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Teaching Phonics the Montessori Way

April 14, 2014

Teaching Phonics the Montessori Way


Teaching your child to read might not be as easy as just reading books everyday. Although that could be a great start.

But you would also need to do it in a systematic way so that it becomes easier for you to teach and by using the Montessori Phonics this has been done.

The internet has tremendous amount of resources and while I was learning myself - I would spend hours just surfing the internet and trying the best to find out which would be the best for my child.

Then it would be back to square one again the next day trying to find the next step of blending the letters and so on.

But not you can stop worrying!

By following the methods listed in this note, you'll get to know the first step basic step to introduce the letter sounds.

Having taught more than hudreds of children in my 18 yrs of teaching life,  I've noticed certain things about the way they

learn. I've noticed that whenever I teach one child to read, the next who I'm not focusing on, usually learns to read at almost

the same pace as the older one, even though there is usually a nearly two-year difference in age. I have come to believe now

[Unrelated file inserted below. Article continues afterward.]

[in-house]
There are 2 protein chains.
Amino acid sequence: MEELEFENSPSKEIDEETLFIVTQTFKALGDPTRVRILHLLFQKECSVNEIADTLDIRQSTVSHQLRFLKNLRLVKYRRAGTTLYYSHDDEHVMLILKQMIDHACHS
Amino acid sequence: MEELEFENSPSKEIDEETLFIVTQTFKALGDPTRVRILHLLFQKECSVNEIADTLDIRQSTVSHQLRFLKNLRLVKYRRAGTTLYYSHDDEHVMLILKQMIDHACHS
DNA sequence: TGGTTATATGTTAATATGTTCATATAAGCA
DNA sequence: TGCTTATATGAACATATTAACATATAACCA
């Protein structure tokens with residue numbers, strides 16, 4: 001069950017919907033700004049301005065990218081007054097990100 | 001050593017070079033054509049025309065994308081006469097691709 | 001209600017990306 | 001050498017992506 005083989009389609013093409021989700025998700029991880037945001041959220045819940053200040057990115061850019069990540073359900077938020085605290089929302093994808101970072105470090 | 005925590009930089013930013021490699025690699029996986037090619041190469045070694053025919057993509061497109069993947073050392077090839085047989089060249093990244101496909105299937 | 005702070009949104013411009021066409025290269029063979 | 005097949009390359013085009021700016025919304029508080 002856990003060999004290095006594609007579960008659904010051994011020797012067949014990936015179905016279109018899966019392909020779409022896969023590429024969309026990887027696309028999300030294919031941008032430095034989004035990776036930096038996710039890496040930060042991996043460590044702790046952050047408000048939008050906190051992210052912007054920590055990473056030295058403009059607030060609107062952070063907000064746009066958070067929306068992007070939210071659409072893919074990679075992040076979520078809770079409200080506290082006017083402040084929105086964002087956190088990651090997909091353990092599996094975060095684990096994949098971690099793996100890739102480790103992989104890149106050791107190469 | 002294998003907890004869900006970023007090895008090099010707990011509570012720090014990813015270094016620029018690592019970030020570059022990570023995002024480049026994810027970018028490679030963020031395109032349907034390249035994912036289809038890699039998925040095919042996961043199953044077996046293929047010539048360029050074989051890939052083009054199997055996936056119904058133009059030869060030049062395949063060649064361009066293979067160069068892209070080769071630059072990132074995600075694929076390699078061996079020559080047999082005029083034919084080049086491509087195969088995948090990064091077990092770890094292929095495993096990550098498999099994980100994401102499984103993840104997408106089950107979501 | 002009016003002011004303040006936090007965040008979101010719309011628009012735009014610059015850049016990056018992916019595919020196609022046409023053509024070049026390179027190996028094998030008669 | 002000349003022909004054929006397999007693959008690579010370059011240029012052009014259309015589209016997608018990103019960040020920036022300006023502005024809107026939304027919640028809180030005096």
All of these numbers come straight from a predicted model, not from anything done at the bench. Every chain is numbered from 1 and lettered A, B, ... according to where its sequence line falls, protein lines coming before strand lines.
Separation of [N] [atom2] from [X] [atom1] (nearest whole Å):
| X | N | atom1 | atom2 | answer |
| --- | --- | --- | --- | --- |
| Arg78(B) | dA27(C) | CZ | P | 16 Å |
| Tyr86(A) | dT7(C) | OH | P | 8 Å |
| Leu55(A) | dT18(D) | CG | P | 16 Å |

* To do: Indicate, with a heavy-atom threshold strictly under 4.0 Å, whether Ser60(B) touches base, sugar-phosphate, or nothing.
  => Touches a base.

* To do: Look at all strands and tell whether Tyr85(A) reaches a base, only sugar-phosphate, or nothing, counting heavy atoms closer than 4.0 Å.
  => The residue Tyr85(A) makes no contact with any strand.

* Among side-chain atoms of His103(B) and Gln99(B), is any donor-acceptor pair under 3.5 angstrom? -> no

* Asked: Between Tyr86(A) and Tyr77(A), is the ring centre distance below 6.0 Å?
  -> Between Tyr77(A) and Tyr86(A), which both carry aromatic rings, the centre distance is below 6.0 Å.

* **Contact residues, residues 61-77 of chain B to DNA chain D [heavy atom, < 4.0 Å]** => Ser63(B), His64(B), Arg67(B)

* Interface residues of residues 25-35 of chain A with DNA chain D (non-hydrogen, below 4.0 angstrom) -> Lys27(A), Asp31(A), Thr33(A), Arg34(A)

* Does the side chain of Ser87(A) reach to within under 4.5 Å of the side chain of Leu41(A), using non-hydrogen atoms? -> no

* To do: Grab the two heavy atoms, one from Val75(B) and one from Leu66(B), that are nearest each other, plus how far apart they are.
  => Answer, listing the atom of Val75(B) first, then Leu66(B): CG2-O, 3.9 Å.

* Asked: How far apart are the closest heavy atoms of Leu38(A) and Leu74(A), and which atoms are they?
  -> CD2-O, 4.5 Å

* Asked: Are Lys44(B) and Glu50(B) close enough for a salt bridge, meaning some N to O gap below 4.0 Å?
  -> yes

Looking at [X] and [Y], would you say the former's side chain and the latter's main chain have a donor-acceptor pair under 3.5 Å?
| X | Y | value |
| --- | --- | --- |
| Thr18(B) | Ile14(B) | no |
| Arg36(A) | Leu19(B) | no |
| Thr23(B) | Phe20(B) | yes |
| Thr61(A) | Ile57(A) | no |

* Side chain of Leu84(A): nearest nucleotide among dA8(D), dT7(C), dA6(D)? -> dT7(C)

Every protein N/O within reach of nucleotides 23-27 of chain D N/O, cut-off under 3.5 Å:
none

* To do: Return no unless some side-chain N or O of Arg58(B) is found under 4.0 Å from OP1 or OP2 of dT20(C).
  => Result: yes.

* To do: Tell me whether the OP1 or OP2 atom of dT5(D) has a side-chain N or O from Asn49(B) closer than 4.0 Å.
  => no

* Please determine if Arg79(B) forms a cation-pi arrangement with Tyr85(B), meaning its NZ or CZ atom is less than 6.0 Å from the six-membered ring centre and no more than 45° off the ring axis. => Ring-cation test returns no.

that this is because the second child has the perfect environment, but no pressure to perform. Montessori continually

highlights the need for a prepared environment.

Children from about 2-1/2 to about 4-1/2 are highly interested in the letter sounds, but after this age, learning the sounds

seems more of a chore. The Montessori method calls this a "Sensitive Period," meaning the child is more aware of and

interested in learning at this time. If this period is missed, learning will take longer and be more tedious.

Once a child is ready, he will notice print in the environment. If you take the time to teach the sandpaper letters to your child,

he will become more sensitive to the print in his environment.



Sometimes, the child can be interested in a certain thing and it goes smoothly and easily and some sounds becomes so

tedious they just can't get it and the more I try to drill the more the child rejects it. But after ignoring the task for a few days -

suddenly it becomes interesting again. This according to Maria Montessori is "the absorbent mind." Her belief was that children will only take in what they are ready for, and that teachers need to be very observant and respectful of their needs at

this age. 

Whatever exactly do they need? Was it simply a matter of when a child choose to be interested or not?


But actually i found out that once a child has been fed new information, his mind needs time to develop 'file' the information

and connect to that information. Once file folders and links are created for new information, then the mind  will begin to

experiment with the new connections within his world.